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The basic problem here is that scientific study of cultures (Sociology, Anthropology, etc.) is a relatively new discipline. There are indigenous social scientists today of course (my little sister is one of them), but by the 20th Century a lot of the original beliefs had been lost and a new hybrid culture developed (a process she calls colonial entanglement)....


30

SHORT ANSWER "Total War" is a bit grandiose and ambitious, but as far as I know very few Native American or American Indian groups in the USA had any sort of rules against harming noncombatants in war. LONG ANSWER As far as I know, as a general rule Native Americans or American Indians in the USA didn't have any sort of social rules against killing ...


17

There are several theories of disappearance of the Dorset people. Two are discussed in the article "Disappearance of Dorset Culture" published on the webpage of the Canadian Museum of History: Climate change. The disappearance of Dorset people coincides with the period of the Medieval Warm Period: In the centuries around A.D. 1000, the Arctic ...


14

Its exceedingly unlikely. There's no feasible route to the Americas at their level of technology that doesn't go through the Beringa (NE Sibera/Alaska) area. The period in question covers an unusually long interglacial, but there was a colder period in there where the land bridge would probably have been available (around 225,000 years ago) However, it is ...


6

There's a bit of a false premise here, in that there were Native American empires. I suspect you meant why weren't there any north of Mexico, as there is no way you could overlook the Inca, Aztec, Maya, Olmec, Zapotec, etc etc, and my answer is built around that premise. Life in America is Hard When the Europeans first came to America, they had trouble ...


5

From the evidence below, failing very strong evidence that it was routine for merchant European slave traders to hunt down slaves themselves along the Slave Coast, the percentage of slaves delivered to the New World that were purchased from black slavers must be very close to 100%. There is simply no business model, consistent with the slave trade as we ...


5

Not sure what the rules are about this, but I had this post from AskHistorians bookmarked. Written by u/Ahhuatl This is really a question better suited for r/AskAnthropology, as strictly speaking the field of history doesn't concern itself with cross-cultural comparisons of social evolution. Nevertheless, I'll put on my anthropologist hat and ...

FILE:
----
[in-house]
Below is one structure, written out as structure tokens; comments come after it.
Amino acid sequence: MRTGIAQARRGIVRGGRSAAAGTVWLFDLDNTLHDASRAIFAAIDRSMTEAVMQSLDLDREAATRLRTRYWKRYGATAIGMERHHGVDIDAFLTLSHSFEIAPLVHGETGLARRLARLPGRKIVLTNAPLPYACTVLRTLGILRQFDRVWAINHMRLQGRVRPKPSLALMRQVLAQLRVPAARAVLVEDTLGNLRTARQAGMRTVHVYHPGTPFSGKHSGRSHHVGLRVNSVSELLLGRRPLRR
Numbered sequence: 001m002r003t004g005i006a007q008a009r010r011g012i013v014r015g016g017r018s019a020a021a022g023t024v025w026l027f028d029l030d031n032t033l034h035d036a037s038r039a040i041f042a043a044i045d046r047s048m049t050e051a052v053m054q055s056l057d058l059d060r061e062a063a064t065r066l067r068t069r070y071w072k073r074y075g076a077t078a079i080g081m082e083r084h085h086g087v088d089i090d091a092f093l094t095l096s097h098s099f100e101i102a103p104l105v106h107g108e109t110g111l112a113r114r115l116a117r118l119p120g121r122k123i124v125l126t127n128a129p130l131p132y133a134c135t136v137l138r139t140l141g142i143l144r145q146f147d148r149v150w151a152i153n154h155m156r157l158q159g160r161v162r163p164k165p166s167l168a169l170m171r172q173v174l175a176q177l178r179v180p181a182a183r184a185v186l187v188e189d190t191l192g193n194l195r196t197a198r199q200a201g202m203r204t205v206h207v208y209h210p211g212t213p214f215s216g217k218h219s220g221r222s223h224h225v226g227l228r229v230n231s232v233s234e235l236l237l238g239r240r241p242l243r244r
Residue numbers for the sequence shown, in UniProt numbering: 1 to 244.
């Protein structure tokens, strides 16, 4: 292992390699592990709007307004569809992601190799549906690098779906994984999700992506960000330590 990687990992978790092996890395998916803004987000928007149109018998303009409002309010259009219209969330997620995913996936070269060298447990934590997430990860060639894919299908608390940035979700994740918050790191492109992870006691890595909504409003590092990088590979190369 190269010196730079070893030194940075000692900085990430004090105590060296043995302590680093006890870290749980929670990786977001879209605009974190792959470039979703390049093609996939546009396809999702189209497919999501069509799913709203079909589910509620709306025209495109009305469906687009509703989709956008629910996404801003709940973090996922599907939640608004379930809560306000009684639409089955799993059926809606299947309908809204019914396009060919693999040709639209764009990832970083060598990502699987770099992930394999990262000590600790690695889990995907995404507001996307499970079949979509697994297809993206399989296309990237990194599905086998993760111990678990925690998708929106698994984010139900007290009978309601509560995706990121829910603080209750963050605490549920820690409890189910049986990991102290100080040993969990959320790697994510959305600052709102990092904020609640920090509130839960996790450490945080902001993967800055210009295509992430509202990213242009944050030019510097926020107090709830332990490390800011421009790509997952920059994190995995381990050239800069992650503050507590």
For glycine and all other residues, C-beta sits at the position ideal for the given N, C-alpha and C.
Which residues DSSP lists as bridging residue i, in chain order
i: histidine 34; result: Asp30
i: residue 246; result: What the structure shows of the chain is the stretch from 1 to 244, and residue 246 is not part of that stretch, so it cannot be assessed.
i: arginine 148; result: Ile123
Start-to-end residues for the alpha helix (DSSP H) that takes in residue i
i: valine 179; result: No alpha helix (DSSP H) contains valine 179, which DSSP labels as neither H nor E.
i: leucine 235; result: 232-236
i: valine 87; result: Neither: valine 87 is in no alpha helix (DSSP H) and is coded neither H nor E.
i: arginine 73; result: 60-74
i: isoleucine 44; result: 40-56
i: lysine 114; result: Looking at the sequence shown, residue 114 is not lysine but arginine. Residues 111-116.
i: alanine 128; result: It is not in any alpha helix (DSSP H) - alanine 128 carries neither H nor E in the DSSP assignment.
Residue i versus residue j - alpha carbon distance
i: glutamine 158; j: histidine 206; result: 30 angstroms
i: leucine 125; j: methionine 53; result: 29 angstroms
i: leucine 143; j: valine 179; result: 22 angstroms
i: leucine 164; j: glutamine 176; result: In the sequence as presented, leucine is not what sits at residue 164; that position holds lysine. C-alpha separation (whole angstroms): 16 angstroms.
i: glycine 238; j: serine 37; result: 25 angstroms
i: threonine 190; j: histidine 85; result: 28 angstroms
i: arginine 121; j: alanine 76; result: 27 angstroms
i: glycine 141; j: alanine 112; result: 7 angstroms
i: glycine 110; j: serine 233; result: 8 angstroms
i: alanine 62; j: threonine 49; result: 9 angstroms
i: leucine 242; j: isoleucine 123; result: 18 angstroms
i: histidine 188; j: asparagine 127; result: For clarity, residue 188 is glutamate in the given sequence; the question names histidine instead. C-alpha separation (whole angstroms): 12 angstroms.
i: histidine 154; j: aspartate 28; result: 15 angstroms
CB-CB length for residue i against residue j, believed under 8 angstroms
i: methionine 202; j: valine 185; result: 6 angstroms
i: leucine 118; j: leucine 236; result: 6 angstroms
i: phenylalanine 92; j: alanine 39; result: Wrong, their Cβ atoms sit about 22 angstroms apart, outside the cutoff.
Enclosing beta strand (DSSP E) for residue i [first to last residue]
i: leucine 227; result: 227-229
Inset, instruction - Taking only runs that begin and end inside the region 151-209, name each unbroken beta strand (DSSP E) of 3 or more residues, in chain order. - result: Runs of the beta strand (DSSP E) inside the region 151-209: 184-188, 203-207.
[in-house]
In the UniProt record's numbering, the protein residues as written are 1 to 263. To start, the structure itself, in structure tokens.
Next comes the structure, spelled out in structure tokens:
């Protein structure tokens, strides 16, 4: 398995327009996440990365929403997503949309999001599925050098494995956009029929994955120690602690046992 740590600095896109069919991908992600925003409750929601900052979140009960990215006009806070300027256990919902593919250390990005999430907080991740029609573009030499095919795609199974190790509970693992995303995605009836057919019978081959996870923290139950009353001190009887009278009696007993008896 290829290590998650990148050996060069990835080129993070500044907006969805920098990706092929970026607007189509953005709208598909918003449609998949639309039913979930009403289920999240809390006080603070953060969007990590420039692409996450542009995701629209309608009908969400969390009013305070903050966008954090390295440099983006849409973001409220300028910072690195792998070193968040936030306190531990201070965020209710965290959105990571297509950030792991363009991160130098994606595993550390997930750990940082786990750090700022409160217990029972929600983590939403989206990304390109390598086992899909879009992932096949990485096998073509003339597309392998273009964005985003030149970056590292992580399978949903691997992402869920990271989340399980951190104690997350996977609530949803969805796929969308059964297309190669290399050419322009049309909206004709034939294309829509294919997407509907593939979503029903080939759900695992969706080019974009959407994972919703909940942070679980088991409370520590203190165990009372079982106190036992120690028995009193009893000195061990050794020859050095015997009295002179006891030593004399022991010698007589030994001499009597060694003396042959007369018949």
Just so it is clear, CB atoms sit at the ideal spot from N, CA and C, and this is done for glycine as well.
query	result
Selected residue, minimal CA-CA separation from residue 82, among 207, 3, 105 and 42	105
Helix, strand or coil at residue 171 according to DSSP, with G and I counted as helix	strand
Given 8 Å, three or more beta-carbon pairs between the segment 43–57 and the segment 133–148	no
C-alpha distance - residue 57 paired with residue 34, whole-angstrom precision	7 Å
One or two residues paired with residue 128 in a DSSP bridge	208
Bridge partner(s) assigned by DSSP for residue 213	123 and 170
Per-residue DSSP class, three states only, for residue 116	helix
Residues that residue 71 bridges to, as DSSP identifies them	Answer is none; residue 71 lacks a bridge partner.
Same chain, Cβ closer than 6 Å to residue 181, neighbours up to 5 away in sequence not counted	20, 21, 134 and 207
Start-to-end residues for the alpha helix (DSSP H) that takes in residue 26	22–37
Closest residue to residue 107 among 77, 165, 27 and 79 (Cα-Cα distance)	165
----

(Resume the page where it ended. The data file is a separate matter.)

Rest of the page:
3

Is there a time in US history when bicycle ridership was more prevalent than now? I haven't tried very hard to dig up hard data, but based on general trends, I suspect probably not. The Wikipedia article on "bike booms" is illuminating here. The 1890s was the first major wave of popularity for bicylcing, but at that it was almost exclusively done for ...


2

By some accounts, oils and furs were traded in the Pacific Northwest. Early accounts stress the enormous importance of oils in trade, feasting, and food. The Makah used to compete to see who could drink the most whale oil at feasts (Colson 1953). People were desperate for oils. Suffice it to say that “ooligan” is derived from a Tsimshian word ...


2

An area which may require a closer look is the southwestern cultures. Trade routes were actually quite well established in these regions, with many items being traded. An article Indigenous Trade: The Southwest , lists many of these trade materials(emphasis highlighting trade materials mine): Anasazi. Around the end of the first millennium a.d., Anasazi ...


2

Too much land. The population density in South and Central America (about 6 million for the Aztecs) was much higher than in most of North America (500,000 for all of Canada). Having too little population means that people within the society are unable to specialize, and trade becomes harder to conduct for less gains. The copper that was used in Greece ...


2

In general, each colony had an official, established church which did its best to impose a religious monopoly. In the article "Religious Deregulation: Origins and Consequences", Roger Finke argues: Politicians and preachers alike considered the idea of religious freedom, or even religious toleration, a dangerous and heathen notion that was sure to ...


1

It’s really fascinating. These colonies all got chartered at different times. The charters generally reflected the state of affairs back in England. But England was in general state of religious turmoil. The first successful colonies were during James I (1612). He was a moderate Anglican dealing with radical Calvinists and Catholics who tried to kill him. ...


1

I recommend you read Guns, Germs and Steel form Jared Diamond. It's not 100% accurate, and there is some controversy over it, but it gives you a good idea why some people got a better hand in life than others. Why, in over 10,000 years of occupying North America did they never advance from a tribal culture and form a single united country Some tribes did ...


1

In addition to the answers above, another reason for this difference in advancement could be climate. An event called the Little Ice Age happened from 1300 onwards, leading to food shortages in many Native American cities in North America and hampered their ability to create larger urban centers and harness agricultural advances that help with the ...


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